**Business experiments**: Business experiments, experimental design and AB testing are all techniques for testing the validity of something – be that a strategic hypothesis, new product packaging or a marketing approach. It is basically about trying something in one part of the organization and then comparing it with another where the changes were not made (used as a control group). It’s useful if you have two or more options to decide between.**Visual analytics**: Data can be analyzed in different ways and the simplest way is to create a visual or graph and look at it to spot patterns. This is an integrated approach that combines data analysis with data visualization and human interaction. It is especially useful when you are trying to make sense of a huge volume of data.**Correlation analysis**: This is a statistical technique that allows you to determine whether there is a relationship between two separate variables and how strong that relationship may be. It is most useful when you ‘know’ or suspect that there is a relationship between two variables and you would like to test your assumption.**Regression analysis**: Regression analysis is a statistical tool for investigating the relationship between variables; for example, is there a causal relationship between price and product demand? Use it if you believe that one variable is affecting another and you want to establish whether your hypothesis is true.**Scenario analysis**: Scenario analysis, also known as horizon analysis or total return analysis, is an analytic process that allows you to analyze a variety of possible future events or scenarios by considering alternative possible outcomes. Use it when you are unsure which decision to take or which course of action to pursue.**Forecasting/time series analysis**: Time series data is data that is collected at uniformly spaced intervals. Time series analysis explores this data to extract meaningful statistics or data characteristics. Use it when you want to assess changes over time or predict future events based on what has happened in the past.**Data mining**: This is an analytic process designed to explore data, usually very large business-related data sets – also known as ‘big data’ – looking for commercially relevant insights, patterns or relationships between variables that can improve performance. It is therefore useful when you have large data sets that you need to extract insights from.**Text analytics**: Also known as text mining, text analytics is a process of extracting value from large quantities of unstructured text data. You can use it in a number of ways, including information retrieval, pattern recognition, tagging and annotation, information extraction, sentiment assessment and predictive analytics.**Sentiment analysis**: Sentiment analysis, also known as opinion mining, seeks to extract subjective opinion or sentiment from text, video or audio data. The basic aim is to determine the attitude of an individual or group regarding a particular topic or overall context. Use it when you want to understand stakeholder opinion.**Image analytics**: Image analytics is the process of extracting information, meaning and insights from images such as photographs, medical images or graphics. As a process it relies heavily on pattern recognition, digital geometry and signal processing. Image analytics can be used in a number of ways, such as facial recognition for security purposes.**Video analytics**: Video analytics is the process of extracting information, meaning and insights from video footage. It includes everything that image analytics can do plus it can also measure and track behavior. You could use it if you wanted to know more about who is visiting your store or premises and what they are doing when they get there.**Voice analytics**: Voice analytics, also known as speech analytics, is the process of extracting information from audio recordings of conversations. This form of analytics can analyze the topics or actual words and phrases being used, as well as the emotional content of the conversation. You could use voice analytics in a call center to help identify recurring customer complaints or technical issues.**Monte Carlo Simulation**: The Monte Carlo Simulation is a mathematical problem-solving and risk-assessment technique that approximates the probability of certain outcomes, and the risk of certain outcomes, using computerized simulations of random variables. It is useful if you want to better understand the implications and ramifications of a particular course of action or decision.**Linear programming**: Also known as linear optimization, this is a method of identifying the best outcome based on a set of constraints using a linear mathematical model. It allows you to solve problems involving minimizing and maximizing conditions, such as how to maximize profit while minimizing costs. It’s useful if you have a number of constraints such as time, raw materials, etc. and you wanted to know the best combination or where to direct your resources for maximum profit.**Cohort analysis**: This is a subset of behavioral analytics, which allows you to study the behavior of a group over time. It is especially useful if you want to know more about the behavior of a group of stakeholders, such as customers or employees.**Factor analysis**: This is the collective name given to a group of statistical techniques that are used primarily for data reduction and structure detection. It can reduce the number of variables within data to help make it more useful. Use it if you need to analyze and understand more about the interrelationships among a large number of variables.**Neural network analysis**: A neural network is a computer program modeled on the human brain, which can process a huge amount of information and identify patterns in a similar way that we do. Neural network analysis is therefore the process of analyzing the mathematical modeling that makes up a neural network. This technique is particularly useful if you have a large amount of data.**Meta analytics/literature analysis**: Meta analysis is the term that describes the synthesis of previous studies in an area in the hope of identifying patterns, trends or interesting relationships among the pre-existing literature and study results. Essentially, it is the study of previous studies. It is useful whenever you want to obtain relevant insights without conducting any studies yourself.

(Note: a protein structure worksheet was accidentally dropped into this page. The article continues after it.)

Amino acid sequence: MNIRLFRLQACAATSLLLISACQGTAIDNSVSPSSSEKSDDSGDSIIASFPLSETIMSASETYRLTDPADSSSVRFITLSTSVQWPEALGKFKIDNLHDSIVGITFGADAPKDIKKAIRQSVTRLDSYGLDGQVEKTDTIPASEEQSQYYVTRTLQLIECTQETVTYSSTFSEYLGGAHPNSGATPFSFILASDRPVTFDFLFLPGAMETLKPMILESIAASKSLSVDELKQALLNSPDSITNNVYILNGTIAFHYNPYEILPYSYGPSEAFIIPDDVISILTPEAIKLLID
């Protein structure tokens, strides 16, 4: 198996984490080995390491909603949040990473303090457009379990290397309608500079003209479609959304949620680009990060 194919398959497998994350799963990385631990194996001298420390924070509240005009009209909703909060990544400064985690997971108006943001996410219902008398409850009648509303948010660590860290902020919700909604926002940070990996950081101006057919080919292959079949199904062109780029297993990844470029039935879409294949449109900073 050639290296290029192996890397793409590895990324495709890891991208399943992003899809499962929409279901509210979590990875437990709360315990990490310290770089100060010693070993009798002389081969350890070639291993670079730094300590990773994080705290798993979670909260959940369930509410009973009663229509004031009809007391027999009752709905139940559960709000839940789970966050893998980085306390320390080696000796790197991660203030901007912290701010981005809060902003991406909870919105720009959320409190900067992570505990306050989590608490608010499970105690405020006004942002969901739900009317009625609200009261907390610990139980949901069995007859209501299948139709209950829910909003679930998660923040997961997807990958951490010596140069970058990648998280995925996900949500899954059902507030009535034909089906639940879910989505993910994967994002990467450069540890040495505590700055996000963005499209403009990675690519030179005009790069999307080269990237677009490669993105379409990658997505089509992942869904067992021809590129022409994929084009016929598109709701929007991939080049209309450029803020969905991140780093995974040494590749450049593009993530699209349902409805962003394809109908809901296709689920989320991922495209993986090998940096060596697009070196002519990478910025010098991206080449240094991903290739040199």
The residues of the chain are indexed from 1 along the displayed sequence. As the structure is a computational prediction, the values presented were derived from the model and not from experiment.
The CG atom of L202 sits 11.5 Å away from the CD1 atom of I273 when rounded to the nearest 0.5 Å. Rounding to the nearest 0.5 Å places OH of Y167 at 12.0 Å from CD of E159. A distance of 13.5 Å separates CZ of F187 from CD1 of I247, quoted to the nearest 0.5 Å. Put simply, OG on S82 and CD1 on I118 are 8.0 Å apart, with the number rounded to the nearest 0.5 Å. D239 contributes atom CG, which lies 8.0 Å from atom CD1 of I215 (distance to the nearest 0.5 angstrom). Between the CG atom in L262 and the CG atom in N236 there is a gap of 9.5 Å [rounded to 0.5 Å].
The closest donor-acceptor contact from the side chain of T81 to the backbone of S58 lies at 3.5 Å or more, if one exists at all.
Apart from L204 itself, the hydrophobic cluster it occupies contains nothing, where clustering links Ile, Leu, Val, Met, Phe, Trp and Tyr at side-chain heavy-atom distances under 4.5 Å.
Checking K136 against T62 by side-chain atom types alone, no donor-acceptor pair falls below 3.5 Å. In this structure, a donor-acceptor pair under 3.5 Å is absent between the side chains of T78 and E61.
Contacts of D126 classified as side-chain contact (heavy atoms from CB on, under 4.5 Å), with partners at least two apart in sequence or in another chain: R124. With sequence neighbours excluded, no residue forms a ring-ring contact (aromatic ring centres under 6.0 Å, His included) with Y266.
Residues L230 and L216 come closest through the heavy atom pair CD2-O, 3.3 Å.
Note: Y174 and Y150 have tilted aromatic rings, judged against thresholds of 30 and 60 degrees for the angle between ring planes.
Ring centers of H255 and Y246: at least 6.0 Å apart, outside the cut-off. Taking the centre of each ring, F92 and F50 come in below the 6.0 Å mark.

**DSC Resources**